MDS is to supply the propulsion test bench for Airbus’s E-Fan X aircraft, a critical part of the program to develop the hybrid-electric demonstrator.
The E-Fan X, which is set to fly in 2020, is being developed by Airbus, Rolls-Royce and Siemens, with the aim of maturing hybrid-electric propulsion technology for commercial aviation.
Engineers from the companies are modifying a BAe 146 aircraft by replacing one of its four gas turbine engines with a 2MW electric motor.
The E-Fan X will be the first time an electric motor of its size is used to propel a passenger aircraft in flight tests. The propulsion system will be powered by a generator housed in the fuselage – MDS will be providing the test equipment and platform for testing this component.
The generator will be tested at Airbus’s E-Aircraft Systems (EAS) Test House in Ottobrunn near Munich in Germany, a 4,500m² (48,000ft²) facility currently under construction and due for completion in March 2019.
MDS is to install a 2.5MW ‘GenSet Test Bench’, consisting of a generator and AE2100 gas turbine engine, at the EAS Test House. MDS will be designing the test bench to the specific requirements of this Airbus initiative and managing the complete implementation phase from beginning to end.
Marcus Schulz, head of test and simulation for Airbus, said, “MDS has been selected as a preferred supplier for the GenSet Test Bench of the E-Fan X. We are convinced that this project will be a success thanks to MDS’s expertise and experience in propulsion test bench development.”
John Jastremski, president and CEO of MDS, said, “Hybrid-electric aircraft represent the next step in the evolution of air travel. We are excited to be selected by Airbus to be part of this innovative technology demonstrator program, bringing the world one step closer to being less reliant on fossil fuels.”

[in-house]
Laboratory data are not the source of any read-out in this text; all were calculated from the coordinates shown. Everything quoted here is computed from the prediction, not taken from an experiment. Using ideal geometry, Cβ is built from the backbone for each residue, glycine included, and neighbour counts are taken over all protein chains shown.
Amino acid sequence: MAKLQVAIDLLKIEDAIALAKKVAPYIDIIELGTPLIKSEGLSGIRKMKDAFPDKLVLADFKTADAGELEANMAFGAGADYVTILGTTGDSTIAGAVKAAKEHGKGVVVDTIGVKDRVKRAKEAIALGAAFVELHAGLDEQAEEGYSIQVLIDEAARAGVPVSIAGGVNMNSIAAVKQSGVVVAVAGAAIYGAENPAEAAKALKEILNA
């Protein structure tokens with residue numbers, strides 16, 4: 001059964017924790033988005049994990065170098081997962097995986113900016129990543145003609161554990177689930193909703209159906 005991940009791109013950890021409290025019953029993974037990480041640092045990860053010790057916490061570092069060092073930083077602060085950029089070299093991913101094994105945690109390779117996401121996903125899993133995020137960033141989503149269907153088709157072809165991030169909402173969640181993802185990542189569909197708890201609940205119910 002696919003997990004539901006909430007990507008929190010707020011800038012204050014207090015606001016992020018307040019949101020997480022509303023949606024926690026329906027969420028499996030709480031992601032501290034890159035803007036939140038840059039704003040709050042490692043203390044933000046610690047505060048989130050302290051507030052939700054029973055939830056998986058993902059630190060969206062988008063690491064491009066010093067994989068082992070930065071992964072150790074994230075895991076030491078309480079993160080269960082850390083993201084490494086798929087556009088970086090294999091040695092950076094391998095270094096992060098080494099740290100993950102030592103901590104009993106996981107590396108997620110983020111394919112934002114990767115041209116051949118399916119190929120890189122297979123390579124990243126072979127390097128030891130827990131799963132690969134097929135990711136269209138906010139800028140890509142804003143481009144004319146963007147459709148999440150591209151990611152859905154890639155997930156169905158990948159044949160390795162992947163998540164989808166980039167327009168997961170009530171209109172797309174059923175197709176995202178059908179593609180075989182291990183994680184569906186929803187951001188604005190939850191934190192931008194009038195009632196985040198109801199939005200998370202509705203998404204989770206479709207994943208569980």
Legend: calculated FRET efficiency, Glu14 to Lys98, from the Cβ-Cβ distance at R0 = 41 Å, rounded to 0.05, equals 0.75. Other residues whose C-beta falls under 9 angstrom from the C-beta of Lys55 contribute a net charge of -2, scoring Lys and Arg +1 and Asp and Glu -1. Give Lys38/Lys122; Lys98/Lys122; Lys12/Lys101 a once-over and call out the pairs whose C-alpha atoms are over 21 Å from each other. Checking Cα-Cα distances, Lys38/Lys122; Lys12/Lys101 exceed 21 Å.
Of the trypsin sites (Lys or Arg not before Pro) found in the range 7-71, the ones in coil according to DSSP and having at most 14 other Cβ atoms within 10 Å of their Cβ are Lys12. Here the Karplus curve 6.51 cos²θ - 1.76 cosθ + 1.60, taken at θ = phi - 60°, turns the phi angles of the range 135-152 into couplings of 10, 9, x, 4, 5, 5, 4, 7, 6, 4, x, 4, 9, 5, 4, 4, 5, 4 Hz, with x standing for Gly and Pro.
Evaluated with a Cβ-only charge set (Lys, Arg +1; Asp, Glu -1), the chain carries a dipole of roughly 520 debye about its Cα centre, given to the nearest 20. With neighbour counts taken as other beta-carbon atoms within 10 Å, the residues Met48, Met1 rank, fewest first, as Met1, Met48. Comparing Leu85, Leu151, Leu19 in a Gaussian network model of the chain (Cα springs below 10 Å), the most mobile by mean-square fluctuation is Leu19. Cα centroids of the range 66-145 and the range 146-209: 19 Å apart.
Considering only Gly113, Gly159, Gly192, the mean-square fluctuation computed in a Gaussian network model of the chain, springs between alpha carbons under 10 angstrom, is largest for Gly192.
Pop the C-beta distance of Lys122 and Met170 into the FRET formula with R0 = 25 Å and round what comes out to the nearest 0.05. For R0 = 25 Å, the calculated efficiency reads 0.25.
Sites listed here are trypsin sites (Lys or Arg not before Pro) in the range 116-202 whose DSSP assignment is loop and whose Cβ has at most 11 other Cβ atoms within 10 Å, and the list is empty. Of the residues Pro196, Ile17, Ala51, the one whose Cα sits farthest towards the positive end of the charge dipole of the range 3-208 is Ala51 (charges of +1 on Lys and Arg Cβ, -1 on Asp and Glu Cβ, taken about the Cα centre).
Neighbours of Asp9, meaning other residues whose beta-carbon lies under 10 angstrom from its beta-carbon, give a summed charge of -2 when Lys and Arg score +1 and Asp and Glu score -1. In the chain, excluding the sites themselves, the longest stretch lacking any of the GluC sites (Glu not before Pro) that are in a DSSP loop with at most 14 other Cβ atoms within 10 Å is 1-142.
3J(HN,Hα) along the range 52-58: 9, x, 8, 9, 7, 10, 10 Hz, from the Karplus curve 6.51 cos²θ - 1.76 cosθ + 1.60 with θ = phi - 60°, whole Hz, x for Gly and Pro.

MDS added that it has a patent on an “ambitious green technology” that it plans to use in the “small-scale testing” of engines. An example of this is MDS’ Kinetic Energy Recovery (KER) system which places a turbine behind the engine in a test cell and converts the kinetic energy in the airflow into useful mechanical energy, which is then used to drive a generator. The generator converts this mechanical energy into useable electrical energy, while keeping the test cell aerodynamic integrity intact.
The E-Fan X demonstrator will examine issues around hybrid-electric propulsion systems such as thermal effects, electric thrust management, altitude and dynamic effects on electric systems and electromagnetic compatibility issues.
The program also aims at establishing the requirements for future certification of electrically powered aircraft while training a new generation of designers and engineers to bring hybrid-electric commercial aircraft one step closer to reality.
Read our in-depth profile of Airbus’ EAS Test House and other similar facilities, including NASA’s Electric Aircraft Testbed here.
Glenn Llewellyn, Airbus’ corporate technology office’s general manager for electrification is one of the speakers at the forthcoming Electric & Hybrid Aerospace Technology Symposium, the world’s leading international conference dedicated to ultra-low-emission aircraft technology and full-electric flight, which takes place on November 8-9 in Cologne, Germany.